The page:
White Wizard is an extraordinary specie belonging to the Philodendron genus, sought after for its eye-catching variegation on the foliage. The White Wizard Philodendron is quite rare and a slow grower plant. The plant is of climber type; however, it can be maintained in the bushy form by regular trimming. This bounty has dark green leaves displaying vivid variegation of bright white that makes plant parents awe. Owing to the outrageous white variegation, White Wizard is one of the most sought-after members of its family. However, despite being scarce, the plant is easy to care for.
This guide has covered the complete care of White Wizard when grown indoors as an Ornamental houseplant. Read on to unravel the tips and tricks for optimal care of White Wizard.
Closely-Related Allied Species: Philodendron White Knight, Philodendron White Princess, Philodendron Florida Ghost, Philodendron Verrucosum, Philodendron Rugosum, Philodendron Spiritus Sancti , Philodendron Moonlight.
Habitat And Ecology
|Botanical Name:||Philodendron Erubescens ‘White Wizard’|
|Other names:||White Wizard Philodendron, Philodendron White Wizard|
|Plant Type:||Climbing perennial|
|Color:||White splattered or half-moon variegated leaves|
|Height:||Up to 4 Feet|
|Humidity:||60% to 80%.|
|Temperature:||18ºC to 28ºC( 64ºF-82 ºF)|
|Light Need||Bright, indirect light|
|Propagation||Stem cutting & Air-layering|
|Preferred pH||5.6-7 (mildly acidic-neutral)|
|Soil type||Well-drained organic soil|
|Common Pests & Diseases||Mealybugs, spider mites, brown tips and root rot.|
How to Identify White Wizard Philodendron?
‘Triple Crown‘ is a name given by plant collectors to a bundle of three stunning Philodendrons- White Knight, White Princess, and White Wizard as they highly resemble each other and are sought-after mesmerizing plants featuring creamy white and green variegated leaves. They all are low-maintenance indoor climbing plants that shoot out white variegated leaves, including the half moon and full moon leaves. There are a few differences between them that you might know if you are planning to get one.
Philodendron White Wizard vs. White Knight
The difference between White Wizard and White knight is evident, and you can tell them apart by checking their stem colors. A White Knight has burgundy-colored stems and petioles with white variegation and features broad, rounder heart-shaped leaves. A White Wizard exhibits green stems and petioles with white petiolar sheaths and features broad, rounder leaves. In addition, White knight may also exhibits occasional pink variegated leaves but White Wizard exhibits only green and white variegation.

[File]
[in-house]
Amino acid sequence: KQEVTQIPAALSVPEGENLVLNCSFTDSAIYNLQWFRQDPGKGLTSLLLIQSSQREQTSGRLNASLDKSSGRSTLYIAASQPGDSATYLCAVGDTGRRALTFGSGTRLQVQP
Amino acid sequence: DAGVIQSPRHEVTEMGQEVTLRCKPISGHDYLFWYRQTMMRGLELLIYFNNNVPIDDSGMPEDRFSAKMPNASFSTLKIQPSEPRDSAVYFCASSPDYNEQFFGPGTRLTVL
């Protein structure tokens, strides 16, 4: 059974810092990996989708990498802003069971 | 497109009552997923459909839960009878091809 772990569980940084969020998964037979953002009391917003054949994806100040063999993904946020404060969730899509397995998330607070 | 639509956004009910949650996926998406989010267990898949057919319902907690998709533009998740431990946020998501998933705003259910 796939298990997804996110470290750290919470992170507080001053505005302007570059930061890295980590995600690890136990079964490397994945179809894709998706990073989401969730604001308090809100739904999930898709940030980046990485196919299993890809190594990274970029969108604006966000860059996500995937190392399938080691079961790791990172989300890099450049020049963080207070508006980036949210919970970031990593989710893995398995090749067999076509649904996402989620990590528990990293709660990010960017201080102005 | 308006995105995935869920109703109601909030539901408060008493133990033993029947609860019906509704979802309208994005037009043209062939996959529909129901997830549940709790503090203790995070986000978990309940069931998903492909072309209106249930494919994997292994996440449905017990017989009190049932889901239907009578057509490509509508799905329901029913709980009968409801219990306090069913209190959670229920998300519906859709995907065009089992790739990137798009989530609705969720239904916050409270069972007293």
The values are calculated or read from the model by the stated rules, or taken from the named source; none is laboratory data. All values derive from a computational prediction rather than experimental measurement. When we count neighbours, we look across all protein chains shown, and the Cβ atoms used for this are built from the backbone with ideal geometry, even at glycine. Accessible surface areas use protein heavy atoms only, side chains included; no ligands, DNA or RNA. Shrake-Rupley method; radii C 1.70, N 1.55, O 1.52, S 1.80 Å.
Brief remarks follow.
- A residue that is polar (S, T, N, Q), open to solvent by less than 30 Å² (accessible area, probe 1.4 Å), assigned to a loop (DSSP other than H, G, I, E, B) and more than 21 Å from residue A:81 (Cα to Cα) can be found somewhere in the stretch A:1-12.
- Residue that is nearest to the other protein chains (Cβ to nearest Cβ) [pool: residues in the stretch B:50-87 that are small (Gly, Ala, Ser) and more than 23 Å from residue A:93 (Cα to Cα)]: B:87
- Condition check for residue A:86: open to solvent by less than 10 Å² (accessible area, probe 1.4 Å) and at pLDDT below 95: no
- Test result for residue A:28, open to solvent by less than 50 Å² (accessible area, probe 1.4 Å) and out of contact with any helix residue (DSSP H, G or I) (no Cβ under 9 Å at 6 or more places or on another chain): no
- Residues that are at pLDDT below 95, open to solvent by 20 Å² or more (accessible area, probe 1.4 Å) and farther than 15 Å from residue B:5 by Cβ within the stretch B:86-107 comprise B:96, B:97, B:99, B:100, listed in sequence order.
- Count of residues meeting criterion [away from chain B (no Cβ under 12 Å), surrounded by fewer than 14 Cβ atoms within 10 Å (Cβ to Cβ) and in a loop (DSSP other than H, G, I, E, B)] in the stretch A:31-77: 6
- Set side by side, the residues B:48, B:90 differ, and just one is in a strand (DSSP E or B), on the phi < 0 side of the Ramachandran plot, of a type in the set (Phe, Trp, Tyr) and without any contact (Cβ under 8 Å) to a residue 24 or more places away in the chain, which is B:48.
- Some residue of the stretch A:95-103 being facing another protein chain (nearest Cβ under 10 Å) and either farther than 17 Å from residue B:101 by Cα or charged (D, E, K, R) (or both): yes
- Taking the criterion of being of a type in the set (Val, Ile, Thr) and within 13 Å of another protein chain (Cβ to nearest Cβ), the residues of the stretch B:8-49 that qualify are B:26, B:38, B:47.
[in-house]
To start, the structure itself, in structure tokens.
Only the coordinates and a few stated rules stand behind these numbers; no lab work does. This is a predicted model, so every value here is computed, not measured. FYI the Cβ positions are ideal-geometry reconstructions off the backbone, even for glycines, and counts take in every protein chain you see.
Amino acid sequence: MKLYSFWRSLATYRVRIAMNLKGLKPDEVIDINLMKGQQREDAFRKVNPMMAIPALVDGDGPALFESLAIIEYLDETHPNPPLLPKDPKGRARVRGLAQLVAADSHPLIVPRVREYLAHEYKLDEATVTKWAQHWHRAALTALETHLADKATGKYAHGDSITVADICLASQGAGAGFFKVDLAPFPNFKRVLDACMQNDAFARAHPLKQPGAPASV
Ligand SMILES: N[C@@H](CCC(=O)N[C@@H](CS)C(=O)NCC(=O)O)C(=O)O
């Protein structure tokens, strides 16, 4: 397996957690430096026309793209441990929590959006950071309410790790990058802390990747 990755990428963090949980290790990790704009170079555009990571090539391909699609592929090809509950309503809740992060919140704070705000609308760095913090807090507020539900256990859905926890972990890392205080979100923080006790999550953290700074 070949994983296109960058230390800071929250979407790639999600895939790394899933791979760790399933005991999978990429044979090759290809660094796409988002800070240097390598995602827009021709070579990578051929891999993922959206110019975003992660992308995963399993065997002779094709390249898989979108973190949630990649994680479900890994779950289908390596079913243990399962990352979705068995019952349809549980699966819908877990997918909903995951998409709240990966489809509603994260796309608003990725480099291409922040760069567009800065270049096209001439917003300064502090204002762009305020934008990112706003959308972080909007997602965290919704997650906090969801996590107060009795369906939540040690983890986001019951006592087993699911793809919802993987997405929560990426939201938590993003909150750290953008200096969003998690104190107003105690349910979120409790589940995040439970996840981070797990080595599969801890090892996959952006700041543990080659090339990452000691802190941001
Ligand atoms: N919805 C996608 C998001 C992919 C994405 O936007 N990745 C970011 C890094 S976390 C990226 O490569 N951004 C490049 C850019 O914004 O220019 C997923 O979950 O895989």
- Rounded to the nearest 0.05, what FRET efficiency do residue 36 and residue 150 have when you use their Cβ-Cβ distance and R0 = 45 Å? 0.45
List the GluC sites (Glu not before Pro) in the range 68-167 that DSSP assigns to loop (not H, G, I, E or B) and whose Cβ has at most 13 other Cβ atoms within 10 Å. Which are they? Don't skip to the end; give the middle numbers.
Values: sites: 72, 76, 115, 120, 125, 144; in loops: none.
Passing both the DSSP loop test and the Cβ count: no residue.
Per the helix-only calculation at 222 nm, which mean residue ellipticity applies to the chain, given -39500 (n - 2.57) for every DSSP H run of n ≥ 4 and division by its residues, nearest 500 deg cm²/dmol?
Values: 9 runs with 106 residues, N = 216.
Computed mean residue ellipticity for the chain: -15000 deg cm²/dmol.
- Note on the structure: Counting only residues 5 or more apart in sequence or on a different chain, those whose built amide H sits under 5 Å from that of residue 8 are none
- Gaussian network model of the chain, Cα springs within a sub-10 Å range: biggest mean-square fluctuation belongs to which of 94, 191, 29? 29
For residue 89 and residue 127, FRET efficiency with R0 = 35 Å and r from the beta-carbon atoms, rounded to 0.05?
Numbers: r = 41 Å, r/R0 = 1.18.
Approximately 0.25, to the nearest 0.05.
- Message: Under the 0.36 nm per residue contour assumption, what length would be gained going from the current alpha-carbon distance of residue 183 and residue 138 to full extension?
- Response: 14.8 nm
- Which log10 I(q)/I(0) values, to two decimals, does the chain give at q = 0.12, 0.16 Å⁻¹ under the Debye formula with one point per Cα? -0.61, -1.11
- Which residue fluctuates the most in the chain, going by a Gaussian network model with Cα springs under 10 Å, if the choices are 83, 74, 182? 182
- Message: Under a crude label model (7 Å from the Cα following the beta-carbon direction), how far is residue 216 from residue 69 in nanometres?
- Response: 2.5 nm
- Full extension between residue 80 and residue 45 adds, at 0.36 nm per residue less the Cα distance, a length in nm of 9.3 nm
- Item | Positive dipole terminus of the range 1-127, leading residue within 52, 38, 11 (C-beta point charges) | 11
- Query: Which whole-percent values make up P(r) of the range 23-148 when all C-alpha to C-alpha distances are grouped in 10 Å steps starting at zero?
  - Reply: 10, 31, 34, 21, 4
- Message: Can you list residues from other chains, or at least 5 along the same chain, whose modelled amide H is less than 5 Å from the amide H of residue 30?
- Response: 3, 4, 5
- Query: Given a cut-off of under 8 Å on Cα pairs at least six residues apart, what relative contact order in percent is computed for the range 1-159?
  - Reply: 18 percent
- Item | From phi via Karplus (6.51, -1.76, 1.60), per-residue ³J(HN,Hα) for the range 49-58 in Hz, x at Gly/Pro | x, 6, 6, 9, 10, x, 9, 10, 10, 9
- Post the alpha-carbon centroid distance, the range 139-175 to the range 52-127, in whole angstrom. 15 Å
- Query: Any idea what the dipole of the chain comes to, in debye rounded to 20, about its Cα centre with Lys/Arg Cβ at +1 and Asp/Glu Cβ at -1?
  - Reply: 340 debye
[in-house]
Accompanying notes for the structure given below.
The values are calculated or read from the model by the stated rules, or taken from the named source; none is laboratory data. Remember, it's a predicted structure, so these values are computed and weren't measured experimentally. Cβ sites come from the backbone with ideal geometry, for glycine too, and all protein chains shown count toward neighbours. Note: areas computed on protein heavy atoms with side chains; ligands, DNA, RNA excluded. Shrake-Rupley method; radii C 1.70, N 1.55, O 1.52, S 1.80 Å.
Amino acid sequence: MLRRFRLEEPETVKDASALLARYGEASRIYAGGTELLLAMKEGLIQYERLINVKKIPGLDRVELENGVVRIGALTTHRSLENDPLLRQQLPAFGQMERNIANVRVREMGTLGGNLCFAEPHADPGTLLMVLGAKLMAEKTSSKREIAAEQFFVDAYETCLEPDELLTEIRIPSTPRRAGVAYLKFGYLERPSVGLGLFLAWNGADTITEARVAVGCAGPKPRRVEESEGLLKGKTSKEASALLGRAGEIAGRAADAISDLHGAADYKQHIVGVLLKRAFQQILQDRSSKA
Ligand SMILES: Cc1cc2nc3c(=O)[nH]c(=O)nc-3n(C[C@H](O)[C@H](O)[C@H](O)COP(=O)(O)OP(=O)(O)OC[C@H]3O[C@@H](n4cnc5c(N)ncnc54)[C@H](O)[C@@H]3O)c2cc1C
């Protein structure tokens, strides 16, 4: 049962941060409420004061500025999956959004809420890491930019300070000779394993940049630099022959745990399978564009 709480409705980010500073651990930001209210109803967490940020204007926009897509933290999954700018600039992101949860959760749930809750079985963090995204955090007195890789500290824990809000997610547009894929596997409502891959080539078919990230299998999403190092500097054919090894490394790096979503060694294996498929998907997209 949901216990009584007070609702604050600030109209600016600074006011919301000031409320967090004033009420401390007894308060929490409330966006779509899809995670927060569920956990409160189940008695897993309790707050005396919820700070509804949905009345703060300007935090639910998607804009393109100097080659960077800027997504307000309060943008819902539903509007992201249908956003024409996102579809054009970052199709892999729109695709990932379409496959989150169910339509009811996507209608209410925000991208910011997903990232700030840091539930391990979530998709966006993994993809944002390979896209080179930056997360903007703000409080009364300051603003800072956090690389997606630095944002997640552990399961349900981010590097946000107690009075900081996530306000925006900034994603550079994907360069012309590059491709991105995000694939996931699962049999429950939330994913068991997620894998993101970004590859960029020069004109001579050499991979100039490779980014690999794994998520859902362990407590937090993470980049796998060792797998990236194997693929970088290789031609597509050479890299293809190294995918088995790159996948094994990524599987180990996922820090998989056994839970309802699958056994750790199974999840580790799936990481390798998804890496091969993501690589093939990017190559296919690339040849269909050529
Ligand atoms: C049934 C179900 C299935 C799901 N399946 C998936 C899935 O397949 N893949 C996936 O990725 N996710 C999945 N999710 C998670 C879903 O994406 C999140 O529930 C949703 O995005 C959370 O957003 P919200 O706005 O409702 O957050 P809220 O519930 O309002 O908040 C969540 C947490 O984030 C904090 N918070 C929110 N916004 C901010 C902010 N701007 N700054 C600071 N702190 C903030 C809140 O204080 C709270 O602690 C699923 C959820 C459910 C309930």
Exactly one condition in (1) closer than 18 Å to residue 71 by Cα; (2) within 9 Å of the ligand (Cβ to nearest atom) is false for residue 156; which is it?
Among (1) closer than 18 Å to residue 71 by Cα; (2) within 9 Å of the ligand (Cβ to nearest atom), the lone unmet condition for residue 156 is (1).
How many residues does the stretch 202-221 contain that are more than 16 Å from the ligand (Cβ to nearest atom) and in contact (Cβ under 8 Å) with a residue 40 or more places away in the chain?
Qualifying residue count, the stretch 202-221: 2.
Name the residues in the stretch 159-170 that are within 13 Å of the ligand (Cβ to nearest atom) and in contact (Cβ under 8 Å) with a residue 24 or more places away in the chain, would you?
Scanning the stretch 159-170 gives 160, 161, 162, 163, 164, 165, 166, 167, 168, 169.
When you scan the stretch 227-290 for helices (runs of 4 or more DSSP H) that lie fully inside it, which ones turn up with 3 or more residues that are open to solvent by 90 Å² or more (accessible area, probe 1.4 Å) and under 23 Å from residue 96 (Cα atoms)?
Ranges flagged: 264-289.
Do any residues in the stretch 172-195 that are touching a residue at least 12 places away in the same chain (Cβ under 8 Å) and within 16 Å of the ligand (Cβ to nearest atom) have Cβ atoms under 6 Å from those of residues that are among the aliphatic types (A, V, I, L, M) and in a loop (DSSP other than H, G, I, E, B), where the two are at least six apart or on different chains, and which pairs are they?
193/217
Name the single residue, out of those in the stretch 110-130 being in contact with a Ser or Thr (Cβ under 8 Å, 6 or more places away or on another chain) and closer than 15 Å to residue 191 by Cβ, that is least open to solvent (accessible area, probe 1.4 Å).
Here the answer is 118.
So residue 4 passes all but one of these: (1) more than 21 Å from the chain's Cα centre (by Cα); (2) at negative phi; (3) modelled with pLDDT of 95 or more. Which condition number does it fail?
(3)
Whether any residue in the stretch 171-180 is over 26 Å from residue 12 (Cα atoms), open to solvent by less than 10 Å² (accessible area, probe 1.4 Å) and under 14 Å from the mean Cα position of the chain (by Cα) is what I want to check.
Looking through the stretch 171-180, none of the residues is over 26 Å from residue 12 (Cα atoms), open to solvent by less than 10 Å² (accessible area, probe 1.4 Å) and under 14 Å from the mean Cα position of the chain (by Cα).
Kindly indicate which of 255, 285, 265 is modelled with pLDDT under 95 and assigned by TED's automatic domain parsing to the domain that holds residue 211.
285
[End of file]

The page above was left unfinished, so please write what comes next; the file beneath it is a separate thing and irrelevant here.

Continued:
Philodendron White Wizard vs. White Princess
Similarly, you can identify White wizards and White Princess by inspecting the color of their stems and petioles. White Princess features green stems and petioles with white and pink variegation along the petiolar sheaths, unlike White Wizard, that only exhibits green petioles with white petiolar sheaths. Moreover, White Princess Philodendron has lance-shaped leaves at the juvenile stage but is a fast grower compared to White Wizard.
A Closer look of Philodendron White Wizard
How do you take care of a White Wizard Philodendron?
White Wizard Philodendron being of tropical origin loves moist soil and humid environment. Optimum sunlight plays an important role in producing the variegation on foliage, whereas the ambient temperature shall be on warmer sides. Let us go through in detail to discuss all the key care aspects to keep your White Wizard flourishing.
Philodendron White Wizard Plant Size and Growth
White Wizard is a hybrid cultivar of Philodendron Genus and has beautiful cordate leaves with artistic splashes of white variegation. It is low maintenance, moderate-growing evergreen climbing plant that can grow one leaf per month. The degree of variegation its leaves exhibit depends on the cutting taken from the mother plant. Not all White Wizard exhibits the same degree of variegation.
Does Philodendron White Wizard climb?
As mentioned earlier, White Wizard is a climbing Aroid with a scandent stem that requires support for continual growth. White Wizard has aerial roots; therefore, using a moss pole is extremely helpful in producing large and variegated leaves. Moreover, White wizards can grow up to several feet tall (3 to 4 feet avg.) when grown indoors, mimicking tropical environments.